LAGRANGE — Bob Long takes his work home with him.

The owner of Butcher Bob’s in LaGrange for about 17 years, Long oversees a crew of seven meat-processing employees. Various cuts land on customers’ plates, bones are sometimes bought for dogs, blood becomes art.

Using the life force of cows, pigs, lambs, goats and buffalo, Long creates his paintings solely with his body, catching looks — and often second looks — from patrons and collectors at festivals such as ArtPrize in Grand Rapids, Michigan, and other regional showcases.

No brushes. No stencils.

“When I do it, I bring in a bucket of blood,” Long said of his process, looking down at a container of plasma in his downtown LaGrange home studio. “I’ve got my blender right here. A lot of the times, the blood will coagulate and get clotted together, so I’ll take my blender and I blend it. Then, I pour it on the canvas. I use my hands to move it all around. It’s all just finger painting.”

A cow, he said, can fill a 5-gallon bucket like the one inside his air-tight workspace. Dried splatters mark parts of the room’s wash-down walls and flooring covered in the same compound used in truck bed lining for easy cleaning. A single stainless-steel drain sits near the center of the slightly angled floor, alongside folding tables, a corner sink and ceiling vent to extracts scents.

“It’s very similar to my (butcher) shop,” the 51-year-old father of three explained.

Long’s workspace — “my Zen garden,” he said — is situated inside the former Clothes & Food Basket, once a movie theater prior to becoming a community pantry. He and his wife Laurie “Binky” Long purchased the structure, later selling their home and moving into an apartment the couple constructed in the belly of the building. Today, it serves as a home, gallery, studio and twice-a-week meeting point for a local Alcoholics/Narcotics Anonymous group the Longs welcome free of charge.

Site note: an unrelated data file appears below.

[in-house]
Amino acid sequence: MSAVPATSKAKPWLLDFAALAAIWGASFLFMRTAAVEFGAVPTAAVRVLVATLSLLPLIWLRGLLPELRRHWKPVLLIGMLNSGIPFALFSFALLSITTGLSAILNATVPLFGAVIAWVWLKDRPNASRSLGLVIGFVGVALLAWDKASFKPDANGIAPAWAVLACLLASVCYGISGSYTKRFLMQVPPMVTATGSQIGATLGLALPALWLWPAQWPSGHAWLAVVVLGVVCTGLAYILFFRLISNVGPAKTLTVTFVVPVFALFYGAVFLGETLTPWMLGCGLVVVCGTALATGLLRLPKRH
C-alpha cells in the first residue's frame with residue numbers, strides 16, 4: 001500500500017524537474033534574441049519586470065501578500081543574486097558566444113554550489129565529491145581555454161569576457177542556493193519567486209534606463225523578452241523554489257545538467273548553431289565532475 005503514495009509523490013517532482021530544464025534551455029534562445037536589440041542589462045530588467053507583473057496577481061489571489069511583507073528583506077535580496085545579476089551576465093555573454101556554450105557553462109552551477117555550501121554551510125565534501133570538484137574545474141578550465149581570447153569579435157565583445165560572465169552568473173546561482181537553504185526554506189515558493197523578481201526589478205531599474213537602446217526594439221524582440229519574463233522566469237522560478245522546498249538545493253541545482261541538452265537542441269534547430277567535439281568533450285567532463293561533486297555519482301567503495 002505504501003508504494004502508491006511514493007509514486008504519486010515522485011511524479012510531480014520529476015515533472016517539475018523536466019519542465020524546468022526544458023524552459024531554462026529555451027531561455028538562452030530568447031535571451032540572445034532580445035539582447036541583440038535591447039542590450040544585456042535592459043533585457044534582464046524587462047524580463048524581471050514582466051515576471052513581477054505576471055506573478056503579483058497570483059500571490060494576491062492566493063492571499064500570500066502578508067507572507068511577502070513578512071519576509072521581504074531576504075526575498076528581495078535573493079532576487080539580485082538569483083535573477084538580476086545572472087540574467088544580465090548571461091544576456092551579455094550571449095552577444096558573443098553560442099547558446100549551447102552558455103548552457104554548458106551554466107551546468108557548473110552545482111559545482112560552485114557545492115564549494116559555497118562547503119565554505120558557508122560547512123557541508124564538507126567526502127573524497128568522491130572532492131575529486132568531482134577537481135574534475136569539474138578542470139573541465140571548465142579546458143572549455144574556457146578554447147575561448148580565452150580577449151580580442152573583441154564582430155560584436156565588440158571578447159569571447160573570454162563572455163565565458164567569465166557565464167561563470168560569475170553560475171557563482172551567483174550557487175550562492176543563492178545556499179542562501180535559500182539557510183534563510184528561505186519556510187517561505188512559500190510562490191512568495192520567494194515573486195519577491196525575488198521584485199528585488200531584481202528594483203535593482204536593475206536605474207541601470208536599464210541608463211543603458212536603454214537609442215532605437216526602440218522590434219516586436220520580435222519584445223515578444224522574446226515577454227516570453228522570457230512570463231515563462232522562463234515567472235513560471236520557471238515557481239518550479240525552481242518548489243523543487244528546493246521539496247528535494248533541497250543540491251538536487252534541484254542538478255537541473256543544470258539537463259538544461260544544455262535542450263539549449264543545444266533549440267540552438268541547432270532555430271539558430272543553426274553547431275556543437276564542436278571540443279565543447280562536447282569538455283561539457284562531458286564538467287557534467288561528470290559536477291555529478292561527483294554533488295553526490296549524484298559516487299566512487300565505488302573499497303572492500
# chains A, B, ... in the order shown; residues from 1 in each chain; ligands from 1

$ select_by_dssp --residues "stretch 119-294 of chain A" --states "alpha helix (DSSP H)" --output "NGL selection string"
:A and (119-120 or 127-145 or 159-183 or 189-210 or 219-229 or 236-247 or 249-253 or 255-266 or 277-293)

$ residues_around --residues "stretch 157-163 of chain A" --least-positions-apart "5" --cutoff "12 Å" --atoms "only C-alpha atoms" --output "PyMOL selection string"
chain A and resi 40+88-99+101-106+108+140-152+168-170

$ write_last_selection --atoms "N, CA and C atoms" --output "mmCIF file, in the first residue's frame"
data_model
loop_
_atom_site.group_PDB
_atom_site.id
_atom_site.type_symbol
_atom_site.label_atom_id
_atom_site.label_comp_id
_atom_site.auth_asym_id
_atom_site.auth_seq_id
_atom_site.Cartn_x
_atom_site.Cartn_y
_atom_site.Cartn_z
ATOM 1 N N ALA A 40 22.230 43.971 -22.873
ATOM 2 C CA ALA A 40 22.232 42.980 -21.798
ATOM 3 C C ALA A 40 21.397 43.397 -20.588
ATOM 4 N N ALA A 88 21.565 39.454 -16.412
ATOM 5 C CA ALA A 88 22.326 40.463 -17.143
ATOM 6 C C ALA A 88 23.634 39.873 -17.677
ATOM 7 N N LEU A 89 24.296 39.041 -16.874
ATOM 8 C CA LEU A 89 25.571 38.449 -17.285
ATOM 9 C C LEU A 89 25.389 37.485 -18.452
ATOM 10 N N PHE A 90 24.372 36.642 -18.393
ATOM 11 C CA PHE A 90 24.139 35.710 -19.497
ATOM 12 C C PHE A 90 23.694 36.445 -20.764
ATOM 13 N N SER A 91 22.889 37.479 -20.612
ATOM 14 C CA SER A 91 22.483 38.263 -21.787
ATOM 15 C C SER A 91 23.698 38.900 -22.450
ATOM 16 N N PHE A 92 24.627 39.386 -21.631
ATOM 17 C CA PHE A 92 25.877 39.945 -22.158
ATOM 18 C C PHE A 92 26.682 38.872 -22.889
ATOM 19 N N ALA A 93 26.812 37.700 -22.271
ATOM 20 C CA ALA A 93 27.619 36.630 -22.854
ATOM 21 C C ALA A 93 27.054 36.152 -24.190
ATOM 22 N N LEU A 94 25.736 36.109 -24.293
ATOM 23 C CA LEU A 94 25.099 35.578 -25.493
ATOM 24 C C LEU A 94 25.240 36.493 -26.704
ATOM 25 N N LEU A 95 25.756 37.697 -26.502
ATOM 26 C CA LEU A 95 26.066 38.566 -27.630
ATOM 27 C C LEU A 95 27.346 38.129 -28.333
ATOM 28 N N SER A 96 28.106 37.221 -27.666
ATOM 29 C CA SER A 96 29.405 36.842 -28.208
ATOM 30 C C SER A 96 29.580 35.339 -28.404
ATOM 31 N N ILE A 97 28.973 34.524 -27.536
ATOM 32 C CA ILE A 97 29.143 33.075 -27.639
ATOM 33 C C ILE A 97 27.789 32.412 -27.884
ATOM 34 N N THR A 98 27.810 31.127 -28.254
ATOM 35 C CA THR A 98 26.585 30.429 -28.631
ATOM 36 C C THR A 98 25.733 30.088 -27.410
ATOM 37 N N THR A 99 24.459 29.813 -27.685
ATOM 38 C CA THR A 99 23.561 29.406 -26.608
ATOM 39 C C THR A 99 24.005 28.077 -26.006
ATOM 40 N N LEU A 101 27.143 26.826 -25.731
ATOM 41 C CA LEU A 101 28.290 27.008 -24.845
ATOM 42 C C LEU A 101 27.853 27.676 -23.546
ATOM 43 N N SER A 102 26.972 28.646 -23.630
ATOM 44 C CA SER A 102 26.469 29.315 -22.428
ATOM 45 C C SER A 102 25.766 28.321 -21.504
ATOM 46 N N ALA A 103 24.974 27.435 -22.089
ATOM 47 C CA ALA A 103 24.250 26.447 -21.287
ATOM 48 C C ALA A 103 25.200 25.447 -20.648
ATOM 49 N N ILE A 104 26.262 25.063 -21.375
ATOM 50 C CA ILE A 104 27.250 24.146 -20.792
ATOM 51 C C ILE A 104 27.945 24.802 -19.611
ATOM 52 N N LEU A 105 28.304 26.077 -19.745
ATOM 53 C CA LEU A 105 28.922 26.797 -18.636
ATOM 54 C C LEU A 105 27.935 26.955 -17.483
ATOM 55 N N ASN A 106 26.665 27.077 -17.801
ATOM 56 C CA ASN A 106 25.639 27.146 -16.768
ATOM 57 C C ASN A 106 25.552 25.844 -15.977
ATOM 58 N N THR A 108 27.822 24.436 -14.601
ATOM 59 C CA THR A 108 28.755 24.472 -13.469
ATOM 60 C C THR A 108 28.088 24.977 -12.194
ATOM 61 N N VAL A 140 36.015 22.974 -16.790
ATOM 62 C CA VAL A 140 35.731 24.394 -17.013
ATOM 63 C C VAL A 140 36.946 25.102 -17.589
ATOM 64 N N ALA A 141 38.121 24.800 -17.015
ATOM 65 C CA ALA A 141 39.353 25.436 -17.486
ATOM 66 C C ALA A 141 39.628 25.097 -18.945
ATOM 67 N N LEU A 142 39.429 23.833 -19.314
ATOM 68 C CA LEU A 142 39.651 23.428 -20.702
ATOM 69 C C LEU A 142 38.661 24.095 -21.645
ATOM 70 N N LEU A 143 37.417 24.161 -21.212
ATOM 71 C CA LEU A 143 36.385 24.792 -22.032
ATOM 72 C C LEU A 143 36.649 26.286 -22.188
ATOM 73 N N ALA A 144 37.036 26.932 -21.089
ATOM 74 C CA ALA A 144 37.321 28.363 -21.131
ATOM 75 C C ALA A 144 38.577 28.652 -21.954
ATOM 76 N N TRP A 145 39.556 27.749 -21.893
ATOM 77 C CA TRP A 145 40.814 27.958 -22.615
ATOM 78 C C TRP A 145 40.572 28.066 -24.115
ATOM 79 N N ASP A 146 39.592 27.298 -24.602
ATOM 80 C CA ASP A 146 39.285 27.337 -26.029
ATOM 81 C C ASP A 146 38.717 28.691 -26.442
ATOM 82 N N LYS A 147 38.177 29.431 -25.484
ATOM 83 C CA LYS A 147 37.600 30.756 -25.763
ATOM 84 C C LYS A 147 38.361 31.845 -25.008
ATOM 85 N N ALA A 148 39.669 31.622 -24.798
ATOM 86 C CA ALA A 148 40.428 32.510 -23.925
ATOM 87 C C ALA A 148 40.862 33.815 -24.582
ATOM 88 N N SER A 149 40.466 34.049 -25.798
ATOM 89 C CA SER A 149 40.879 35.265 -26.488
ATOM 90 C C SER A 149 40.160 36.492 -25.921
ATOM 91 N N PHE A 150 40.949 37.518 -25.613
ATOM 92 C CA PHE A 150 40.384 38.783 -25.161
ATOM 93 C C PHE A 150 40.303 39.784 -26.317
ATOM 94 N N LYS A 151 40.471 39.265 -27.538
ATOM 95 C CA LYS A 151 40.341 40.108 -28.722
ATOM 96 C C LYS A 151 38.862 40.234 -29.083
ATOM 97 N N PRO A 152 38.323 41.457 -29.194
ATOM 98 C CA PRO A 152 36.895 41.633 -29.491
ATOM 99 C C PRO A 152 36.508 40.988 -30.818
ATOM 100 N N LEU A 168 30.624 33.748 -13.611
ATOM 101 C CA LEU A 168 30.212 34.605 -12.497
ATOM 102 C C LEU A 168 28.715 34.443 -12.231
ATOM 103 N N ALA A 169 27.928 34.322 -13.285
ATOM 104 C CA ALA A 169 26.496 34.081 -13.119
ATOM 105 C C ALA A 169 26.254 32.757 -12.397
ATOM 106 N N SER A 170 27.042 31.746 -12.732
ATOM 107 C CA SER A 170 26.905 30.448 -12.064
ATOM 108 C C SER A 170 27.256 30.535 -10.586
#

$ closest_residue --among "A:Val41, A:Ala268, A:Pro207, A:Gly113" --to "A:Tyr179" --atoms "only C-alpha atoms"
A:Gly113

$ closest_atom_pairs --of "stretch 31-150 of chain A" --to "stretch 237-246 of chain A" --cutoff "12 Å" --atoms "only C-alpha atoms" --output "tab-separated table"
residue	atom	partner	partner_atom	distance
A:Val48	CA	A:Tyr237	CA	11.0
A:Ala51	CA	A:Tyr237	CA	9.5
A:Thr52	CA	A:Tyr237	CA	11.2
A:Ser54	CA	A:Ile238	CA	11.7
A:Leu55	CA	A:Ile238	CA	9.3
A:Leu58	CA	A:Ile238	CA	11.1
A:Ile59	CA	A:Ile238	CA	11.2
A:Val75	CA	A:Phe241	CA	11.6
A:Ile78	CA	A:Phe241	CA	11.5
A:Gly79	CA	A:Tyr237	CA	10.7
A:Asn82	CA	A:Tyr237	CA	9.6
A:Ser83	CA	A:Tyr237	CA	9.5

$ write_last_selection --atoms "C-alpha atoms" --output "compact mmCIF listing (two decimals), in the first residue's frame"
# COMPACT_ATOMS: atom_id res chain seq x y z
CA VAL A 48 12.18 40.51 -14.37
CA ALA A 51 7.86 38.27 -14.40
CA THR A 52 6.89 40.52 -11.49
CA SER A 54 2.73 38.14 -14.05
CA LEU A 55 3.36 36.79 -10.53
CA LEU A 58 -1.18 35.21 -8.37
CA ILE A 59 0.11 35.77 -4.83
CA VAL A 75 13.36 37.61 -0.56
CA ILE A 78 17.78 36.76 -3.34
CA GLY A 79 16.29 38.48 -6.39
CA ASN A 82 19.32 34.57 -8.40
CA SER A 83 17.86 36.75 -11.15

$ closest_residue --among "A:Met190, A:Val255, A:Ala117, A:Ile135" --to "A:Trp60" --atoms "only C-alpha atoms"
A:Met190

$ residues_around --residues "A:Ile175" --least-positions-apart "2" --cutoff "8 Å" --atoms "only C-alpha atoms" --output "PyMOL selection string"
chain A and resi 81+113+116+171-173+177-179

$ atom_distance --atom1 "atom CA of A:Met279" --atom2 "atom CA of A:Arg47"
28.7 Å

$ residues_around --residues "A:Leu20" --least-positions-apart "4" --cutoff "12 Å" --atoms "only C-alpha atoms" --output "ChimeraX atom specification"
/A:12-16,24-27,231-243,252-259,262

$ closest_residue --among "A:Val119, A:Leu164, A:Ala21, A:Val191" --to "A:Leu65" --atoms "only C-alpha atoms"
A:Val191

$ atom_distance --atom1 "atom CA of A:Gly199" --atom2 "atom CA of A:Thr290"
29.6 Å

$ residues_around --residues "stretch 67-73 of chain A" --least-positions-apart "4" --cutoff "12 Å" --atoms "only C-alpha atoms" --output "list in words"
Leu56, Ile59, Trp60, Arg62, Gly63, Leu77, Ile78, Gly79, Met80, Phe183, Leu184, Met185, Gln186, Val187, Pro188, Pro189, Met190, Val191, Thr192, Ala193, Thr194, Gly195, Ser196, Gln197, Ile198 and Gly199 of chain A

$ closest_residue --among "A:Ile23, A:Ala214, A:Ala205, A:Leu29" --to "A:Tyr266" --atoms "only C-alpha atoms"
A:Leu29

Walking around the perimeter of the main open room where paintings hang 10-15 feet from the floor, Long recalled his initial inspiration, an urge now about 4 years old.

“I was watching a show on TV and it was called ‘Sungazing,’ and these people were sungazing at the sun,” he said. “I was at work the next day, and I was thinking about that show, and thought, ‘I wonder if I could paint a picture of something like that,’ ya know?”

Long’s first attempt was a landscape, one comprised of a river bed with rocks, sun, a mountain and trees. His more recent works include religious imagery, such as crucifixes and a scene from Calvary/Golgotha, as well Native American references, familial themes and a series influenced by leukemia and other blood-related subjects. He said individual pieces have sold for between $400 and $1,000.

With no formal training, Long said he’s learned through trial and error with each work.

“Blood is all the same. … It just matters how old the blood gets,” he said. “When you first get it, it’s a little lighter, but then the older it gets, the darker it gets. It starts to smell a little more. I used to have different containers of 1-week-old blood, 1-month-old blood, 6-months-old blood. And when you get to six months, that stuff is nasty — it stinks. But when you put it on, it’s thick, syrupy and it’s black.